Back in the mid-1950s to the late 1970s, Afghanistan was, in fact, a major tourism destination. A variety of folks would be found in the plethora of hotels and tourism agencies in Kabul and other cities. The “hippie trail,” as it was known in Europe, crossed a multitude of Muslim countries, causing a boom in tourism industries and providing economic opportunities for the locals.
Indeed, some of our elderly Muslims’ conversions have roots in this trail. A one-on-one, authentic experience with the art, culture, and religion of the Muslim world led to the ocasional shahada.
As Betty tells us, many people came to Afghanistan back then, which had a booming tourism industry:
Before the trail grew cold, you could once catch a bus from London to Delhi with just $45, and for a little extra, you could take the scenic route into the Indian subcontinent via Turkey, Lebanon, Kashmir, Iran and Afghanistan, stopping at hotels, restaurants and cafés along the way that catered almost exclusively to cannabis-smoking Westerners.
They were known as the overlanders; mainly young Europeans, North Americans and Australians in search of alternative tourism, who traveled as cheaply as possible from the late 1950s to the 1970s, networking with other adventurers and hippies as they traversed the off-beat routes by bus, rail or thumb. The roads were also shared by the overlanders who chose to make their own way across the foreign landscapes in banged up second-hand cars, VW vans and motorcycles, many of which would never make it back west (vehicle or perpetual traveler).
In the late 1960s, more and more students in search of an escape and hippies in search of enlightenment, began to sell their record collections and save up for the voyage of a lifetime to the “mystic east”. The Beatles had just been on a highly publicised visit to India in 1968, and with no internet or Lonely Planet guides, cheap tickets and tour operators were hotly advertised in the underground press and music magazines.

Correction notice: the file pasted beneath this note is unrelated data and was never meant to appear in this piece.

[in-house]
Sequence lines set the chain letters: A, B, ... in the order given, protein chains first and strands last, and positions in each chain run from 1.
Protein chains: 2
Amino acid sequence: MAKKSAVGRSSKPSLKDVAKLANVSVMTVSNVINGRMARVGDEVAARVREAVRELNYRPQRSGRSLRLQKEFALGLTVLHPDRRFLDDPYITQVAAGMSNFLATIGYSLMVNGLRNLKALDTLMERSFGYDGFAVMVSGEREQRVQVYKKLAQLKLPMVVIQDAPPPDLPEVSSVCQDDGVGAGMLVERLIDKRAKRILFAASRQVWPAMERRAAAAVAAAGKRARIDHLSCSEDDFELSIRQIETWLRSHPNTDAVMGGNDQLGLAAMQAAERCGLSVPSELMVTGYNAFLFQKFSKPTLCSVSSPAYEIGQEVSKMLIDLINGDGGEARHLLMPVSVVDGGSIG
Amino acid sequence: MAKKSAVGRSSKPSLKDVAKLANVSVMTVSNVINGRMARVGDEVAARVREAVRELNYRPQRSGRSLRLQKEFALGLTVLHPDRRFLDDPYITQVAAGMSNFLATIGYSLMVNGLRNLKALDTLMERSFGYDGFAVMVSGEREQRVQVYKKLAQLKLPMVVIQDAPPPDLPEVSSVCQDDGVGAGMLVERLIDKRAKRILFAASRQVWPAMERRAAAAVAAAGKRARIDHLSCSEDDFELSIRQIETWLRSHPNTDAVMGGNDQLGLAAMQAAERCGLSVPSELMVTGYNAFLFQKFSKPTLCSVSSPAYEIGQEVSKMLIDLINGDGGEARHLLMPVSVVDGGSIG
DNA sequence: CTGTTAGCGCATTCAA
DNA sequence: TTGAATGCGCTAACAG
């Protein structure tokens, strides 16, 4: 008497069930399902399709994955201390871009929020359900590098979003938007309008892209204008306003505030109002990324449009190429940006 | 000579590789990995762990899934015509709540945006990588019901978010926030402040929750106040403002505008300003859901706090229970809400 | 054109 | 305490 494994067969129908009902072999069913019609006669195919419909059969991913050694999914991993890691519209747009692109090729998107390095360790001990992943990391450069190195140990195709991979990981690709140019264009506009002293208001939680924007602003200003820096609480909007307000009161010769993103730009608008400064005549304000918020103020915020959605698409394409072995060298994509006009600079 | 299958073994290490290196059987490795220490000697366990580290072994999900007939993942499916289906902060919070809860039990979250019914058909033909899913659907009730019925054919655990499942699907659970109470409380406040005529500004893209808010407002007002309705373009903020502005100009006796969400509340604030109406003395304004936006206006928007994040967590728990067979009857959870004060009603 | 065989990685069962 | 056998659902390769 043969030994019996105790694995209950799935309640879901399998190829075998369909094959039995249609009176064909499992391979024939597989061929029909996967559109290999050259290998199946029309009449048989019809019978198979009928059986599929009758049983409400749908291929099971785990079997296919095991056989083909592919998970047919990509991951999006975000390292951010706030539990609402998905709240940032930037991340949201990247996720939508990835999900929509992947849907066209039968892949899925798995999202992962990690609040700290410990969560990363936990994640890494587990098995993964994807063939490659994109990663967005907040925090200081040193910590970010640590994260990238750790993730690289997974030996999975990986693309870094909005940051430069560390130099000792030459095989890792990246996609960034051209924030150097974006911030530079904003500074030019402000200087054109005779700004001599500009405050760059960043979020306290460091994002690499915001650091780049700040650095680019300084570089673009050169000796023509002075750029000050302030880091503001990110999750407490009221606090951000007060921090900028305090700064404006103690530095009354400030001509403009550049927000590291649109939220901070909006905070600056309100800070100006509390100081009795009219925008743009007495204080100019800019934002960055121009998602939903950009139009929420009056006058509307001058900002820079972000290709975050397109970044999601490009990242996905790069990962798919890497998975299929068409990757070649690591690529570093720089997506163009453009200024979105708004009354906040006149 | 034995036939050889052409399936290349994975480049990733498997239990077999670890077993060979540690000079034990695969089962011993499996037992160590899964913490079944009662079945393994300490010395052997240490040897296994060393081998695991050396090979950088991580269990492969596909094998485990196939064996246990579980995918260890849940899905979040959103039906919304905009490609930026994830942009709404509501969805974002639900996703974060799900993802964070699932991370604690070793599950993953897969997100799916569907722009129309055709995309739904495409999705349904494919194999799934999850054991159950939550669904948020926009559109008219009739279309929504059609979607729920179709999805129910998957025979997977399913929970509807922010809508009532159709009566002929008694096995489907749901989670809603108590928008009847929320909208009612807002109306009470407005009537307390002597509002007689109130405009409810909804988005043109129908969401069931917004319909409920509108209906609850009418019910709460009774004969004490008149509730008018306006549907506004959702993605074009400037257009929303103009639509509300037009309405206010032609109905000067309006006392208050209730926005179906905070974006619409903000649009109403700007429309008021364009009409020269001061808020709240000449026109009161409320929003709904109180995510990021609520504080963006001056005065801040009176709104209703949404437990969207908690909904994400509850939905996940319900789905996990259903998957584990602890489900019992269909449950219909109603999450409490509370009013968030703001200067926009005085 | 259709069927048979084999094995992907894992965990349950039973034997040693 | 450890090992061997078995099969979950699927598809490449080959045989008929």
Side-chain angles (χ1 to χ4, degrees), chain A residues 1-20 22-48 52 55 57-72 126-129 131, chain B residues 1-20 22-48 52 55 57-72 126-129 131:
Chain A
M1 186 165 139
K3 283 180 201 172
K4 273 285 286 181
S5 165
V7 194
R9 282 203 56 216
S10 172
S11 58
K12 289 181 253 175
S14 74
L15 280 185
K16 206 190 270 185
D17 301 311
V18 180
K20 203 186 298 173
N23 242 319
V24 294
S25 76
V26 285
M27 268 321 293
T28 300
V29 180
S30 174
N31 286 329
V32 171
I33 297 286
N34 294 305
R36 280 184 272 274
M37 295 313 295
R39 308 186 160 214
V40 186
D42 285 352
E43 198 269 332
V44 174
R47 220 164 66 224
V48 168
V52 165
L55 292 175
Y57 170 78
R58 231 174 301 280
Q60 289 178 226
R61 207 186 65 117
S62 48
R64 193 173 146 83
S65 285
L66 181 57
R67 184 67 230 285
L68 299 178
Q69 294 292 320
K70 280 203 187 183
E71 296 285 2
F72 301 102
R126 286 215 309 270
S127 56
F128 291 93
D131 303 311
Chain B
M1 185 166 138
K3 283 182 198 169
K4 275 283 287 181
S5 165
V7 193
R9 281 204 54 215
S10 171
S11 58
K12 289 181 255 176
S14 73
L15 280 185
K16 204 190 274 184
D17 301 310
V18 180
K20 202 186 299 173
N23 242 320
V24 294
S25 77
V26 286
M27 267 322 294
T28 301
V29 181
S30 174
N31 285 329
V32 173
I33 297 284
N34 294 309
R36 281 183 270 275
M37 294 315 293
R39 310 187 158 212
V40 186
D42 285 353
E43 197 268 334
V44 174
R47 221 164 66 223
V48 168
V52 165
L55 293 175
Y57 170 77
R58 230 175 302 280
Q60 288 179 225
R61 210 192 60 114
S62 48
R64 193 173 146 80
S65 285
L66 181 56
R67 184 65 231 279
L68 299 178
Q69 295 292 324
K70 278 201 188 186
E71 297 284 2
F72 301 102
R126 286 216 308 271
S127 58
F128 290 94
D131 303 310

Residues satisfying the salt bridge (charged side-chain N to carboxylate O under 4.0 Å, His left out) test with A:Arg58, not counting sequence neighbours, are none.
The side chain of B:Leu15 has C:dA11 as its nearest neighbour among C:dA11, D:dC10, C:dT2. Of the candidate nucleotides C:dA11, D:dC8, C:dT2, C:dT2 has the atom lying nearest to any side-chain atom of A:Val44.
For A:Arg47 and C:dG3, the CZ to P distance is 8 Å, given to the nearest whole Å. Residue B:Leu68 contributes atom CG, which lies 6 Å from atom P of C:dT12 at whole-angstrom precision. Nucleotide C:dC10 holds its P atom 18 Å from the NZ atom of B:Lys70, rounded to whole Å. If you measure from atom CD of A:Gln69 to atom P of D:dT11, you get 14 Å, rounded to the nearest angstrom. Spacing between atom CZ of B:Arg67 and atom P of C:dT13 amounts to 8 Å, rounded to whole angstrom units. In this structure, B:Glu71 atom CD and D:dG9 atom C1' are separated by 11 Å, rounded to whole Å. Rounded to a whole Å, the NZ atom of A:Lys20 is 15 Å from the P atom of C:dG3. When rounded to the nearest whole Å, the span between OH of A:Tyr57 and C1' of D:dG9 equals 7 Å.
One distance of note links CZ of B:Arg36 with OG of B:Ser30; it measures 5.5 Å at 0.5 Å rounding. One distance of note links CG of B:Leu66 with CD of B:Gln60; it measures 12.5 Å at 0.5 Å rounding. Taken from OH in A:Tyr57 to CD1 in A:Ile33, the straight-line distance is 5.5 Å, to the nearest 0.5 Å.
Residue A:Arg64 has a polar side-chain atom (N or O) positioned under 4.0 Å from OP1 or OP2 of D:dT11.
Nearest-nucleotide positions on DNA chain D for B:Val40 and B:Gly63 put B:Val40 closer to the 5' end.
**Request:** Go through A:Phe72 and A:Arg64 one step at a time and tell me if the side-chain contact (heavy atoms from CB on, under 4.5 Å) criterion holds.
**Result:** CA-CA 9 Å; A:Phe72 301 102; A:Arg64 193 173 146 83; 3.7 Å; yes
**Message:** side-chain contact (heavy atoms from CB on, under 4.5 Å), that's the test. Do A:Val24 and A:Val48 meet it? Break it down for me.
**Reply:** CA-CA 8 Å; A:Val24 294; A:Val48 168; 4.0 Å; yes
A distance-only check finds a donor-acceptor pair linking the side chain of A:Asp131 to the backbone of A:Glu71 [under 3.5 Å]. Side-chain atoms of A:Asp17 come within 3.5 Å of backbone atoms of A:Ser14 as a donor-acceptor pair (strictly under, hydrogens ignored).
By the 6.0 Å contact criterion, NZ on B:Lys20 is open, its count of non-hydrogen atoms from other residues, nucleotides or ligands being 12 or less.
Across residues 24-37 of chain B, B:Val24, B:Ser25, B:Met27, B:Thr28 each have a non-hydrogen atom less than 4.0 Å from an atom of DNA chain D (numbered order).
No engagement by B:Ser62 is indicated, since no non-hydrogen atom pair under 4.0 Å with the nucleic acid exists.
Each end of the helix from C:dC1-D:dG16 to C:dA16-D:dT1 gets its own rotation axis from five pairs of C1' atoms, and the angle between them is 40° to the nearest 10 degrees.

Overlanders were not in search of luxury accommodation; wealthy or not, the goal was to rough it and “go native”. Overlanders on the hippie trail often adopted the native style of dress and spent a lot more time interacting with the locals than traditional tourists in other parts of the world.
Granted, a big reason these regions were so magnetic was the natural marijuana that grew all over the mountains (which some less-pious Afghans still smoke today, almost like professionals at it).
Where the European rail routes ended in Turkey is where the hippie trail essentially began. Overlanders could catch cheap local transport from Istanbul or meet other western travellers with vans and talk their way into hitching a ride with them. This usually went down at the infamous hippie spot in Istanbul, the Pudding Shop, the nickname of the Lâle Restaurant that served cheap but excellent Turkish pudding. It was just about the only place in the city where tourist information about transportation to Asia was readily available.
While some overlanders were rumoured to have made it from Damascus to New Delhi on $6 and spent months traveling the east, others would eventually run out of money, occasionally get into trouble and land themselves in jail, or even worse, have to be flown home by their parents! A determined few found ways to support themselves and still live there today, mostly in India.
But in the late 1970s came the end of the road for the overlanders. 1979 was the year Russia invaded Afghanistan, plunging the country into years of armed conflict, and that same year the American puppet in Iran was finally ousted by the Iranian Revolution. After years of oppression by the West, the Iranians finally closed their doors.
There’s a group on Flickr of a collection of photos from that time. Amazing…